The Argentine Navy has confirmed that seven ships are now braving three-meter waves to map the ocean floor where the ARA San Juan is most likely to be found.
A desperate global search continued Friday for a missing submarine in the southern Atlantic Ocean with a crew of 44 aboard.
Navy officials say a sound "consistent with an explosion" was recorded near the time and place that the submarine went missing and the vessel only had a week's supply of oxygen on board. Although the agency was more guarded on the cause.saying it detected a quote "unusual signal" underwater last week.
"Despite all the effort that has been carried out, we haven't been able to find the San Juan submarine", Balbi told reporters.
"Two days before setting sail, there was a check of the whole operating system", navy spokesman Enrique Balbi said as a news conference on Saturday.
But a multinational search and rescue effort continued Saturday, as a Norwegian ship carrying a USA undersea rescue module prepared to weigh anchor for the search zone, despite worsening weather.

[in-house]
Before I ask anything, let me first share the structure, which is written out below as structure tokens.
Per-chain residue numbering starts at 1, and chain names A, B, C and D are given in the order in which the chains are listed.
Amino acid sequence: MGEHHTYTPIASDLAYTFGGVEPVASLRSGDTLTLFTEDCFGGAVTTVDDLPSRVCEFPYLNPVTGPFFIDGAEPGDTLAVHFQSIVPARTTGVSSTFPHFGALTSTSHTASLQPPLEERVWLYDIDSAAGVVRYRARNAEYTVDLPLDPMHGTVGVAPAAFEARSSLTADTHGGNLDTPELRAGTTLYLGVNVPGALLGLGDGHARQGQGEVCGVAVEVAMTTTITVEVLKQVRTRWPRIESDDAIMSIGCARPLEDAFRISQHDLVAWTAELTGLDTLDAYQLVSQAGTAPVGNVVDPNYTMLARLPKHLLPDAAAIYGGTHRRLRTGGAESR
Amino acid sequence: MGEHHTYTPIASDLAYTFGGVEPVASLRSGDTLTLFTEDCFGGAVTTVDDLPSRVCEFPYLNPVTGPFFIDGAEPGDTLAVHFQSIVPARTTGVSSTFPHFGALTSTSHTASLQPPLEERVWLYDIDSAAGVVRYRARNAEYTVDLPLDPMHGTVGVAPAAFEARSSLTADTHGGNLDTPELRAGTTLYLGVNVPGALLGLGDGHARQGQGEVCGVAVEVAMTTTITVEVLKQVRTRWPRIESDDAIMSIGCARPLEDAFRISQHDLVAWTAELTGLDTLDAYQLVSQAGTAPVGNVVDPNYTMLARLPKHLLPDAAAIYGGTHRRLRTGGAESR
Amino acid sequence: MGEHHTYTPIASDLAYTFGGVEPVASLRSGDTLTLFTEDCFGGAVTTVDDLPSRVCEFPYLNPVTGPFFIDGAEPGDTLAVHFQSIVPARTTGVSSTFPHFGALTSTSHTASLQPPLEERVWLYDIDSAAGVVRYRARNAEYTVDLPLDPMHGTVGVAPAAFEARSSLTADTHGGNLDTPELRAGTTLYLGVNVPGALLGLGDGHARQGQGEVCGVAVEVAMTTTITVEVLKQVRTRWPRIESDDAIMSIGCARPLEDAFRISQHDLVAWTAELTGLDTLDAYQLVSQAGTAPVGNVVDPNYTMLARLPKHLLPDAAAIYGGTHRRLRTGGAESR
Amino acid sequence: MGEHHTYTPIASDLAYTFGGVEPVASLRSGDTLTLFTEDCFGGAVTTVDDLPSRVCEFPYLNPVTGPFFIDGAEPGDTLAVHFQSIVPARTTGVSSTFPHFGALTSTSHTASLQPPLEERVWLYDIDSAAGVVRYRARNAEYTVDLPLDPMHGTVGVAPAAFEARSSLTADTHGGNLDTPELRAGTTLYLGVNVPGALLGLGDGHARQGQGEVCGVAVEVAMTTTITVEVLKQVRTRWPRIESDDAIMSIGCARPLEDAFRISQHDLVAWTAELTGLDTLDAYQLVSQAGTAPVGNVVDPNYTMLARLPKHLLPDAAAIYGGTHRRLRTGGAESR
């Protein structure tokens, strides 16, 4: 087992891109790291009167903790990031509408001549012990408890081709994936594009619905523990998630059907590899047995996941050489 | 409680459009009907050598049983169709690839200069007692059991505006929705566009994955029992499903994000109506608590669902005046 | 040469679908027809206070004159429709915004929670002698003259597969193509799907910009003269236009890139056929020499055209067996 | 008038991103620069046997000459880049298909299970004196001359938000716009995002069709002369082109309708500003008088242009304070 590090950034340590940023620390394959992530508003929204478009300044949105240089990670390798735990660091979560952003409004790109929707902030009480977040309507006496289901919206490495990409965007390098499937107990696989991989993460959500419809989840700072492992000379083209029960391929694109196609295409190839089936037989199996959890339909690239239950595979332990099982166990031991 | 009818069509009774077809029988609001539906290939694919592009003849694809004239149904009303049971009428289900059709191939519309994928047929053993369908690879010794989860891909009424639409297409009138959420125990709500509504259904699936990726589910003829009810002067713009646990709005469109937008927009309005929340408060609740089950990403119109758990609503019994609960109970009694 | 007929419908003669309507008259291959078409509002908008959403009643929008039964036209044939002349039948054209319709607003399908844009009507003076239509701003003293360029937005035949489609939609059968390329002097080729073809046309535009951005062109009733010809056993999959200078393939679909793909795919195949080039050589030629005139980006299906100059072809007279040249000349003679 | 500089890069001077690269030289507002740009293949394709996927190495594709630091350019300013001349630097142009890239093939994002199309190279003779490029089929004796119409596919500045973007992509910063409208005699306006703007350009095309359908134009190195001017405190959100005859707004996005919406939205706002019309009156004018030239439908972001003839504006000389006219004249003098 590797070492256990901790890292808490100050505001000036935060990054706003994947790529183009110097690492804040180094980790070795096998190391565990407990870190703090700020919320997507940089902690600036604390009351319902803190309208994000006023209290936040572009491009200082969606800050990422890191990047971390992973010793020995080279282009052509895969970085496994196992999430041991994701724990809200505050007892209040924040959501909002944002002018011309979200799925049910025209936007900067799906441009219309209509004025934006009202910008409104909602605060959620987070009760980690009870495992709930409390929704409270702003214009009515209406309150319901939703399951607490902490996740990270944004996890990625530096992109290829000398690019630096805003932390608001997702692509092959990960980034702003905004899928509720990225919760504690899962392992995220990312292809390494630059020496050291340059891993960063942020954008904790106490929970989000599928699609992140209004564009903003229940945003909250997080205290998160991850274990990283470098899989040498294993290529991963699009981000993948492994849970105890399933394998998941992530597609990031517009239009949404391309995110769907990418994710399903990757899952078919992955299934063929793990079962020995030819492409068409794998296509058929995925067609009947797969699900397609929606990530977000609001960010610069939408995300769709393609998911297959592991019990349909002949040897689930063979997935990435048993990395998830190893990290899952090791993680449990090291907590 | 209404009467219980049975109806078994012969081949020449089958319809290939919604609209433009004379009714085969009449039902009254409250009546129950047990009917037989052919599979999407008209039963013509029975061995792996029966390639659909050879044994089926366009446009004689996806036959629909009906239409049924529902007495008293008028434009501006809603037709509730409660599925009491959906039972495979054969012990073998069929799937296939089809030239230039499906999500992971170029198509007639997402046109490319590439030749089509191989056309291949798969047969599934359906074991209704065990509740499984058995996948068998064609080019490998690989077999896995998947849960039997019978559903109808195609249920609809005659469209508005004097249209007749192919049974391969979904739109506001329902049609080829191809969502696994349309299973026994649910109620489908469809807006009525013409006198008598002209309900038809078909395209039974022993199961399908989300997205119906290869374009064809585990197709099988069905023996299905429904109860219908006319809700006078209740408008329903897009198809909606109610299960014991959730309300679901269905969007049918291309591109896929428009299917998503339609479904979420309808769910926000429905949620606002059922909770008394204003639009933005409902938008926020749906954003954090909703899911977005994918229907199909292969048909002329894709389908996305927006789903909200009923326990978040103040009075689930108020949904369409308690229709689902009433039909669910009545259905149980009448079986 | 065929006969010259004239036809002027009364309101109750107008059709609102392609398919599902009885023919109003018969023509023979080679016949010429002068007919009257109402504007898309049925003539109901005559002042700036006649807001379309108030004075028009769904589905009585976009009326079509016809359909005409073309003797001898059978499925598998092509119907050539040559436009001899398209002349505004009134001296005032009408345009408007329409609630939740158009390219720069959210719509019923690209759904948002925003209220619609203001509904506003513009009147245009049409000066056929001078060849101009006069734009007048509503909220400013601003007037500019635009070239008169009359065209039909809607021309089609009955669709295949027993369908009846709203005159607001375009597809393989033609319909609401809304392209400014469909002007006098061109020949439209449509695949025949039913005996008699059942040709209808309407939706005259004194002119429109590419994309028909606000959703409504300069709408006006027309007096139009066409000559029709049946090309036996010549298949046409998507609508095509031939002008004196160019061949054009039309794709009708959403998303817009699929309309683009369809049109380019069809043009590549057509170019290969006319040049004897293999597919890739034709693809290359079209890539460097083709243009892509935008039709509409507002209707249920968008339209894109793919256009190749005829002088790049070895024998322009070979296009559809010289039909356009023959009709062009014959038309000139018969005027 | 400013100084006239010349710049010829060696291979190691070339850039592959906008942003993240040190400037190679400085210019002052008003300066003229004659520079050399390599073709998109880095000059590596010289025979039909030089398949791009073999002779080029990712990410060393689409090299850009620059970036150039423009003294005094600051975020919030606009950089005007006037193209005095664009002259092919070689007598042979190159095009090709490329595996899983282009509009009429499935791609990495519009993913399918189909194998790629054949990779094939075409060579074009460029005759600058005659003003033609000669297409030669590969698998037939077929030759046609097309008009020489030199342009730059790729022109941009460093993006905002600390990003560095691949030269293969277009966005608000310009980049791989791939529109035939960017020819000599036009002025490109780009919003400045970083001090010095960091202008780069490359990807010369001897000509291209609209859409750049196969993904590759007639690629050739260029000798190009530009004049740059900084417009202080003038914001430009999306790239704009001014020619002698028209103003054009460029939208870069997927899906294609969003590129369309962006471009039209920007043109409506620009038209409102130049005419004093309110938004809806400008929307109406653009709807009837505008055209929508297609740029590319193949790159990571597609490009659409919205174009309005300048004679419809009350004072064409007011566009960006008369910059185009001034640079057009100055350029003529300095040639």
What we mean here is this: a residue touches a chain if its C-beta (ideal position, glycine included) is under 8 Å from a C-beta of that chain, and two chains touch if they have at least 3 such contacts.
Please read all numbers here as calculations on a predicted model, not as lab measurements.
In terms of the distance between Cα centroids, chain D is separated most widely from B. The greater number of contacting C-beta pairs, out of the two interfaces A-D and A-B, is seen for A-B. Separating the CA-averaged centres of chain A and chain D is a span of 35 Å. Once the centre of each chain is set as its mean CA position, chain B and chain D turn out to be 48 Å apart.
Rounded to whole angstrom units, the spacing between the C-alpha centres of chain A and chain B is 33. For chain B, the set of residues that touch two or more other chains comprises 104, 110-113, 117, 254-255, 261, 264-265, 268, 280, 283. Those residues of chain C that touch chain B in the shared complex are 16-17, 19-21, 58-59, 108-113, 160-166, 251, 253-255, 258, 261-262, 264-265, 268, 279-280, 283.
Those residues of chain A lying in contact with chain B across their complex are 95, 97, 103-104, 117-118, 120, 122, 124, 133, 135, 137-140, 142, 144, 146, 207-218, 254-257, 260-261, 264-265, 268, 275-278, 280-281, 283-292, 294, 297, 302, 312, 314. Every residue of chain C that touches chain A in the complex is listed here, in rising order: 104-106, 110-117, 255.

'It's a hard moment for all, but obviously, especially for the families of the 44 crew members.
He also said that the search will continue around the clock.
Some relatives of the crew have claimed the navy put their loved ones at risk in a vessel that is more than 30 years old.
"The problem with being the loved one of someone who is missing is that the mourning process can not start, because they are still out there somewhere", local psychologist Guillermo Bruchstein said in a Saturday television interview. A Russian plane arrived in Argentina on Friday carrying search equipment capable of reaching depths of 6,000 meters.
President Mauricio Macri on Friday ordered an inquiry to "know the truth" about what happened to the San Juan.
The US Navy said it had deployed unmanned underwater vehicles, or "mini-subs" equipped with sonar, to join the search.